Bike Story Son Mother


…I don’t know why I’ve agreed to this… but here I am… here we are… he briskly raps the knocker.  We’re standing in the corridor by the stairwell, with its dank smell and hollow sounds.  There are 3 locks.  Each bolt is slowly turned. The door cautiously opened.  She peers up at me.  “Hello?” her voice falters. She’s very slight, with white wispy hair, in a small bun.  Her eyes, egg shell blue would fly away if they could. These two people are so different… and yet…I don’t know.  The security chain is doing its job; keeping problems at bay.  Doubt there’s much it can do about this one though, the one standing next to me.  I imagine he’s not good with door keys.  There seems a good chance he hasn’t got any.

He says, “You’re my mum, ain’t you”.  “Yes,” she says faintly, “Yes I am.”  With a nod in my direction, he declares, “See, like I told you.”   I register the tone of one not often taken on his word. “All right mum.”  She takes a step back.  I stumble, “Sorry…sorry to bother you”.  Sorry for not making her life any easier. “Ta mum.”  The door clicks shut.  Bolts turn.  “So you know,” he continues, matter- of-fact, “that I’m not going to lie to you.  Not with my mum being a neighbor of yours.”  “Okay,”   I agree, vaguely aware that if I want my bike back I should stay the course.  There are other reasons to be sure… but I’m not clear about them.   

We are negotiating for the release of an old red bike that I bought the week before for only £5.  The lock cost twice the bike and I doubt I’ll be seeing it again.  He’s  asking  £15 but I’m only going to agree to 10 because then I’ve still only paid 15 for a bike that works, fits my frame and is the right color red.  I block memory of the lock because that would remind me that the lad before me is, in fact, the thief… that he’s costing me… and if that’s all I think then the situation begins to irk. 

But what to think?  If I think of him as the drug addicted son of the poor woman upstairs, then the story is a tragedy.  There’s nothing to be done.  I withhold the £10 and let him keep the bike. .. or I let him keep the bike and give her the money.  I post it perhaps… anonymously. 

But the truth is, I prefer to leave out the hapless mum…and not think of her at all…and leave in the feckless son, who’s stolen my bike for the purpose of selling it back to me, on the pretense that he is mediating with the thief, on my behalf.  Now this is a story with a comic twist that I can play along with in the spirit of the piece. This way I also stand to get my bike back.  He regards the £10 note lying in the palm of his hand and mutters, “I’ll see what I can do”.  I have to admire his cheek.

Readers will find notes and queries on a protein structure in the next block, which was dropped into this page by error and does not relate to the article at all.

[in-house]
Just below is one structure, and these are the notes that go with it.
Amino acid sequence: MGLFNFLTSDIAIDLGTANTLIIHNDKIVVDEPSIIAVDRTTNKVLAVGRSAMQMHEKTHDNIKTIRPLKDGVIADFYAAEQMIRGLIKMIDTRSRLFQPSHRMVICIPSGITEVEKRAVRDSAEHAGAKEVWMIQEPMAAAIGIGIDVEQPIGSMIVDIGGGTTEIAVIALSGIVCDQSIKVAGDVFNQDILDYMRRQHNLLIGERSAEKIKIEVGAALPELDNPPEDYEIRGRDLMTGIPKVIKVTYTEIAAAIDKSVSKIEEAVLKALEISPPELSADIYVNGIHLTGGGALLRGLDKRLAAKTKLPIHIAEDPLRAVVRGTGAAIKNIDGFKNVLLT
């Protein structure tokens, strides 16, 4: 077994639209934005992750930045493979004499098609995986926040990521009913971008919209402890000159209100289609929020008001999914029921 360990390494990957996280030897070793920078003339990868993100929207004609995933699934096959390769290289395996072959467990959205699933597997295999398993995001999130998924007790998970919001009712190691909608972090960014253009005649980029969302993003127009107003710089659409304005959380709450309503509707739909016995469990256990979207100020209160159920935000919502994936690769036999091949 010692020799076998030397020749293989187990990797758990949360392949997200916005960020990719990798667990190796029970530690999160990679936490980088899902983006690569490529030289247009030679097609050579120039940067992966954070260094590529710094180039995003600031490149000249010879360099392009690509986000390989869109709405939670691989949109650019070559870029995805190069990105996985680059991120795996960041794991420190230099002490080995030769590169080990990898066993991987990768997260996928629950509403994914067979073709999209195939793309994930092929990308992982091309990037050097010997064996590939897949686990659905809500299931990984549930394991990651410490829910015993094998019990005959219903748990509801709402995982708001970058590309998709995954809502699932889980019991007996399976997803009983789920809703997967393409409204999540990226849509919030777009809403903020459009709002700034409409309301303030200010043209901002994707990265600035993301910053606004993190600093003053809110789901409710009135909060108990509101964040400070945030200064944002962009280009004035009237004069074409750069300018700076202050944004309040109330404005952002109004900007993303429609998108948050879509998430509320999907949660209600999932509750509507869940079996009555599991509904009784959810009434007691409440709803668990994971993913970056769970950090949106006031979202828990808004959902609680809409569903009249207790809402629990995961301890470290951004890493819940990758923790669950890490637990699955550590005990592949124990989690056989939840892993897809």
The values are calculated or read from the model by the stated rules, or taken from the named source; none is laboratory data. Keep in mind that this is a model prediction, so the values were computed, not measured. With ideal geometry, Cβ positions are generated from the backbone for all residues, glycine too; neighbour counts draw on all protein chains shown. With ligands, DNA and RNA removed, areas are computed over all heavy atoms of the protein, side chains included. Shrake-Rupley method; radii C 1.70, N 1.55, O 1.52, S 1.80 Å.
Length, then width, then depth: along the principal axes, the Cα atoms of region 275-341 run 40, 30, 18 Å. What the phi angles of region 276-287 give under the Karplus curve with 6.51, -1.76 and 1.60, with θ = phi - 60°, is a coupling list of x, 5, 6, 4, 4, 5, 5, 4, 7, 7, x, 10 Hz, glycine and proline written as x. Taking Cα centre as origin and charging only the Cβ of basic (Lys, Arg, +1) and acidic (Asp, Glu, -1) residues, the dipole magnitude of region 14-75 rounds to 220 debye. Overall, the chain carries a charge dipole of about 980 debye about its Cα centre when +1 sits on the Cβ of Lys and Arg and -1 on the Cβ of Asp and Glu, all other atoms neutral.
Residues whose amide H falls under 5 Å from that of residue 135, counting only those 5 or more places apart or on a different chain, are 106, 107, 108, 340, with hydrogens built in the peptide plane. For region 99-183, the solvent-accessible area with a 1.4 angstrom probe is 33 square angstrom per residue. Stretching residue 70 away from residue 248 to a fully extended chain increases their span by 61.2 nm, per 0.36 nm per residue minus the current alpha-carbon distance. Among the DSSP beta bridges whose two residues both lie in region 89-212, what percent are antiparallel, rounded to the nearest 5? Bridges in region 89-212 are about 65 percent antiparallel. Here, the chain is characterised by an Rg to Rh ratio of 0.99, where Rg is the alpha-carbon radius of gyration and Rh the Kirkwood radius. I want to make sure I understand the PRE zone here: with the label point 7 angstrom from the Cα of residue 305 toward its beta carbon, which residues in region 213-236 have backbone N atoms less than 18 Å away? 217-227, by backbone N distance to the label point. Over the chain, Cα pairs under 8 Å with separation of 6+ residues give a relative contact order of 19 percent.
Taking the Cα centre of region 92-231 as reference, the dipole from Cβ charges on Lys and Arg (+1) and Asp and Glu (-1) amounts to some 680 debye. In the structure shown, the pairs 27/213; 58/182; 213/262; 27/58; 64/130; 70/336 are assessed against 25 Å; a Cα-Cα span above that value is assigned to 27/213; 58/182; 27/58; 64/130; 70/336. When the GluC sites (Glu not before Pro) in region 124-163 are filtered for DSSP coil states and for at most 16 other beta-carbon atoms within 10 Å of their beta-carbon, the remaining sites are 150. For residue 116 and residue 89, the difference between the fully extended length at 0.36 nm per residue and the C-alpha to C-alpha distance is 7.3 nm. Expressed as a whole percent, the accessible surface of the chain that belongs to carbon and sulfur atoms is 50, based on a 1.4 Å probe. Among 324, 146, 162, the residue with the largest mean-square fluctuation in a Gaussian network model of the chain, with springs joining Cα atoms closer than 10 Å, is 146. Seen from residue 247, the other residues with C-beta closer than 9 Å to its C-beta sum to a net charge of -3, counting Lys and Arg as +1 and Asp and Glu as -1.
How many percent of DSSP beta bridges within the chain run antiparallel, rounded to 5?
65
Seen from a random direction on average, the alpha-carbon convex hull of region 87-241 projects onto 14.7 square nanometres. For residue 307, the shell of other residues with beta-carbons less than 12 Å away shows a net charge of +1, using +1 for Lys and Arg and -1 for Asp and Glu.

He’d rapped on my door much like he rapped on his mum’s.   I opened it on a fair, longish-haired lad, mid 20’s, in a tweedy coat, 70’s lapels.   Breath… bated, “Hello. Did you have a red bike locked up outside?”  “Yes, why?”  “It’s been nicked.”   ”Oh …but how do you know it’s been nicked?”  “I know the bloke who nicked it. I just saw him wheeling it away.”  “Where”?  “Over there.   But look, don’t worry, I can get it back for you.”  “Yes?” “Just give me £15 and I’ll go and talk with him.”  “…Look…” I say, with the inertia of someone who knows none of her lines, “… Thanks for your help but…”   “…I didn’t take it… if that’s what you’re thinking. My mum lives upstairs. And you don’t queer your own patch, do you.”  “…How do I know your mum lives upstairs?”  “Come on.  I’ll show you.”  “I don’t know…”   

I’m standing at the bottom of the stairwell, waiting for the son to return with my bike, when three or four lads come hurrying by.  As I make way for them one turns to me and says,“Don’t trust that geezer, will you.  He’d shop his own mum.”  Later, filling the kettle, I think of her upstairs.  She too must fill her kettle by the kitchen window, over-looking the market on a Saturday morning…with the hawkers hawking…the murmur and the milling. Waiting for the water to boil…I’ve been here two years and I’ve never noticed her.  Two years without a neighbor to talk to. I wonder how she gets by…what with the worry of him.  Does it empty her life?  Does she love him as much? I wonder what sustains her…if she has any faith.  She’ll never trust me now.  I know too much.

Maria Worton s one of the editors for Montreal Serai; writing and videography figure among the things she likes to do.